Wednesday, January 12, 2011

Brrrrr! It's been doing this all day and there's no sign of stopping. It's a heavy, wet snow that gathers along the tops of tree branches and power lines, making the world look like an exquisite etching.

Having lived through 12 Maine winters, I know to have a candle lit, a flashlight handy, a stack of wood by the fireplace, and a tub of water ready.

All day I've been racing against the storm, trying to complete this week's yarn review for Knitter's Review before the lights—which have been flickering ominously—finally give out, taking out my Internet connection with them. I do have a backup, which lasts only as long as my laptop battery. Tick tock, tick tock.

For all its troubles, I must say I do enjoy living in a place where I am regularly reminded who's boss (nature) and who isn't (moi). You can forget it briefly when you go into bigger places that we've covered with concrete and big buildings, but here? Not a chance.

Monday, January 3, 2011

"For last year's words belong to last year's language. And next year's words await another voice. And to make an end is to make a beginning."
T.S. Eliot

I chose to begin my year with the world's greatest buttermilk biscuits, my tried and true comfort food that makes any morning an event. And I served them on a plate I found carefully wrapped up and stored away in my great aunt's barn - a barn that she filled with boxes from her parents' house after they died...a house that was, itself, filled with their parents' and in-laws' belongings. Which is to say it's an old plate.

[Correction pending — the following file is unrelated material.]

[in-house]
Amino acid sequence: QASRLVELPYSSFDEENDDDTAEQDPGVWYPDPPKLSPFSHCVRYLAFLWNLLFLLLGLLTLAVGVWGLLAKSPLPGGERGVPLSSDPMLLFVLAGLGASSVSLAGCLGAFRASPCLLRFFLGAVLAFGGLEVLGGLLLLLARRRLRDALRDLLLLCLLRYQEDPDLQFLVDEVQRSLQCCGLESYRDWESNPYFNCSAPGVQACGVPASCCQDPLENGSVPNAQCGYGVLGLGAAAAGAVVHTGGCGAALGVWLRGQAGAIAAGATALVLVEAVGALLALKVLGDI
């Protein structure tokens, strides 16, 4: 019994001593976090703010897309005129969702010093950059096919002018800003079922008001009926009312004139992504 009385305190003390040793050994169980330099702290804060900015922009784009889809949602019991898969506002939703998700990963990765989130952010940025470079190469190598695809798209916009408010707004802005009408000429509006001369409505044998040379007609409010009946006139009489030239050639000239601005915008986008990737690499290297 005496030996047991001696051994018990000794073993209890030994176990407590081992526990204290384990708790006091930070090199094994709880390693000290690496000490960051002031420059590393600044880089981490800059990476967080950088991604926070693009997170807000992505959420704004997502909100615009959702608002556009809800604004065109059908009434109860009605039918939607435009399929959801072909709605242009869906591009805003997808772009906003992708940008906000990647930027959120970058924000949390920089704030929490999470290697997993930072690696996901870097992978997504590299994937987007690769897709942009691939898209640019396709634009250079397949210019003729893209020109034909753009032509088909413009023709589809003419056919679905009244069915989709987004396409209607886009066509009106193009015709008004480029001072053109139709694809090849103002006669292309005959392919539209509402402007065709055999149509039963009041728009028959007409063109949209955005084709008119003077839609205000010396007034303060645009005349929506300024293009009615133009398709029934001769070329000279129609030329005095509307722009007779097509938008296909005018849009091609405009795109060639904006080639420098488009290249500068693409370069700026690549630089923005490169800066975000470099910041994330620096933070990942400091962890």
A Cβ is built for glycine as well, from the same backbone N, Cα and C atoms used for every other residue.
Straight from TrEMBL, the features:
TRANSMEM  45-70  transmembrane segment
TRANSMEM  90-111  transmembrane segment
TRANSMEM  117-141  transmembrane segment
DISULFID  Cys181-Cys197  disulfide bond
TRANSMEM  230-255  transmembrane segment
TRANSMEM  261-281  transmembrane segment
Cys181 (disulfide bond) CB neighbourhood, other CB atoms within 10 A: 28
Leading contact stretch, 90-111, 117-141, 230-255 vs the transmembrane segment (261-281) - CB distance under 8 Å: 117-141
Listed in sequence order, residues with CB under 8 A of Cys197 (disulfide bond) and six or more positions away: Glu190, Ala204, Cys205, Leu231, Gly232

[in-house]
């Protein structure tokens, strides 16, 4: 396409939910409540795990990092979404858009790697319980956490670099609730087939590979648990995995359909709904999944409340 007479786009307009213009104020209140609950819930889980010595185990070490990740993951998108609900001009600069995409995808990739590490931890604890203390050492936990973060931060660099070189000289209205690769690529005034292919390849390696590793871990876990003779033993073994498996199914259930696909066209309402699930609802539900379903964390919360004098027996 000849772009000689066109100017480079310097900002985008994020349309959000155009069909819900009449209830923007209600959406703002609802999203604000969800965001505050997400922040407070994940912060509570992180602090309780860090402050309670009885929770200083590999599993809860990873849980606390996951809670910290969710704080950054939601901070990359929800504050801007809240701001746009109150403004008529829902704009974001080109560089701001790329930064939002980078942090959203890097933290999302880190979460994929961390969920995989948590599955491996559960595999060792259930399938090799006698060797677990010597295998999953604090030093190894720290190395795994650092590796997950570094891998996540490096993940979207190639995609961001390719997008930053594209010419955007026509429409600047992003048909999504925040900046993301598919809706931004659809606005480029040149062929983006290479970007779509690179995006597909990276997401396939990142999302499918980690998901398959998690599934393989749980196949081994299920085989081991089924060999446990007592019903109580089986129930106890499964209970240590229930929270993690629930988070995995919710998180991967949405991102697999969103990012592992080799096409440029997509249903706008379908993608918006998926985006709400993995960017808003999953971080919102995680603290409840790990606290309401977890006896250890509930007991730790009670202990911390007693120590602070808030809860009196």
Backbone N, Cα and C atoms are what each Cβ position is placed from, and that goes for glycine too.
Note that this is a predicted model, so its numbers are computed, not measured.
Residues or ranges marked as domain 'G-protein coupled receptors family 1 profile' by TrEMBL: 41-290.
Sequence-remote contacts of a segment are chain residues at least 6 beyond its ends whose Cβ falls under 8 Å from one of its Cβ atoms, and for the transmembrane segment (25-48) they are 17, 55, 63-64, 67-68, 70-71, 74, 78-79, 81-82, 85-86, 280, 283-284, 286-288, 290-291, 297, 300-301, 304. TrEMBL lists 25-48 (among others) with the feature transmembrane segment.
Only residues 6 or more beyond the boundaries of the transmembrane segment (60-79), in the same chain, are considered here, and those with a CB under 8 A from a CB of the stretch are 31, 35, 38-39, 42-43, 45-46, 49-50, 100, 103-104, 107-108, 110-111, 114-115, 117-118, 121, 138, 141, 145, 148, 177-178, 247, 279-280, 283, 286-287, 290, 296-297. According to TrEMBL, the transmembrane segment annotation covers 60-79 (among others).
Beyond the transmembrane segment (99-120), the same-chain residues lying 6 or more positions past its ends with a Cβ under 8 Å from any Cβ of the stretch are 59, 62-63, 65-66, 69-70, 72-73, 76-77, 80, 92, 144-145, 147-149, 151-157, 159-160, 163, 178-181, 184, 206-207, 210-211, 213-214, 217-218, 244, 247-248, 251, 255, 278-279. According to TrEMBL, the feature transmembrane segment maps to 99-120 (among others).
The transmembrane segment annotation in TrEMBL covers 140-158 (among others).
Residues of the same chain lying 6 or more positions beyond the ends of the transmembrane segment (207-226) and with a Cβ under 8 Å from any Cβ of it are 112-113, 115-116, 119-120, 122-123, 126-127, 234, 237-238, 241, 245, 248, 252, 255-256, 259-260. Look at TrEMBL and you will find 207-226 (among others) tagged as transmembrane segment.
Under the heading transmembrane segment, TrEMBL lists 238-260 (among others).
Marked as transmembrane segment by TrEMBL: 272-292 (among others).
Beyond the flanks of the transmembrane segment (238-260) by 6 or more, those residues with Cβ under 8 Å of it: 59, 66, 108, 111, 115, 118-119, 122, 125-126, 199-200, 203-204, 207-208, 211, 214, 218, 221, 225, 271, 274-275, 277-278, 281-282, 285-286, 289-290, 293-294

My great grandmother most likely bought it (and its 7 companions) in Germany at some point in the late 1800s. The complete lack of any dings or scratches whatsoever suggests to me that she kept these plates stored away because they were simply too pretty to use. This tendency to squirrel away life's fineries is a family trait that I appear to have inherited, because there those plates have sat, hidden away in the back of my own china cabinet, for more than 10 years.

And that makes me wonder how much of life I'm squirreling away for fear of scratches or dents, heartbreak or failure. How much of life have I captured prematurely in a jar before it could reach its natural conclusion? While the natural conclusion of a plate, I assume, would involve gravity and a loud crash, life doesn't always follow suit. And you won't know unless you try.

So that, my friends, is my resolution for this year. To pull myself out of the cabinet a little more often, see the world for its possibilities, take risks, and try. How about you?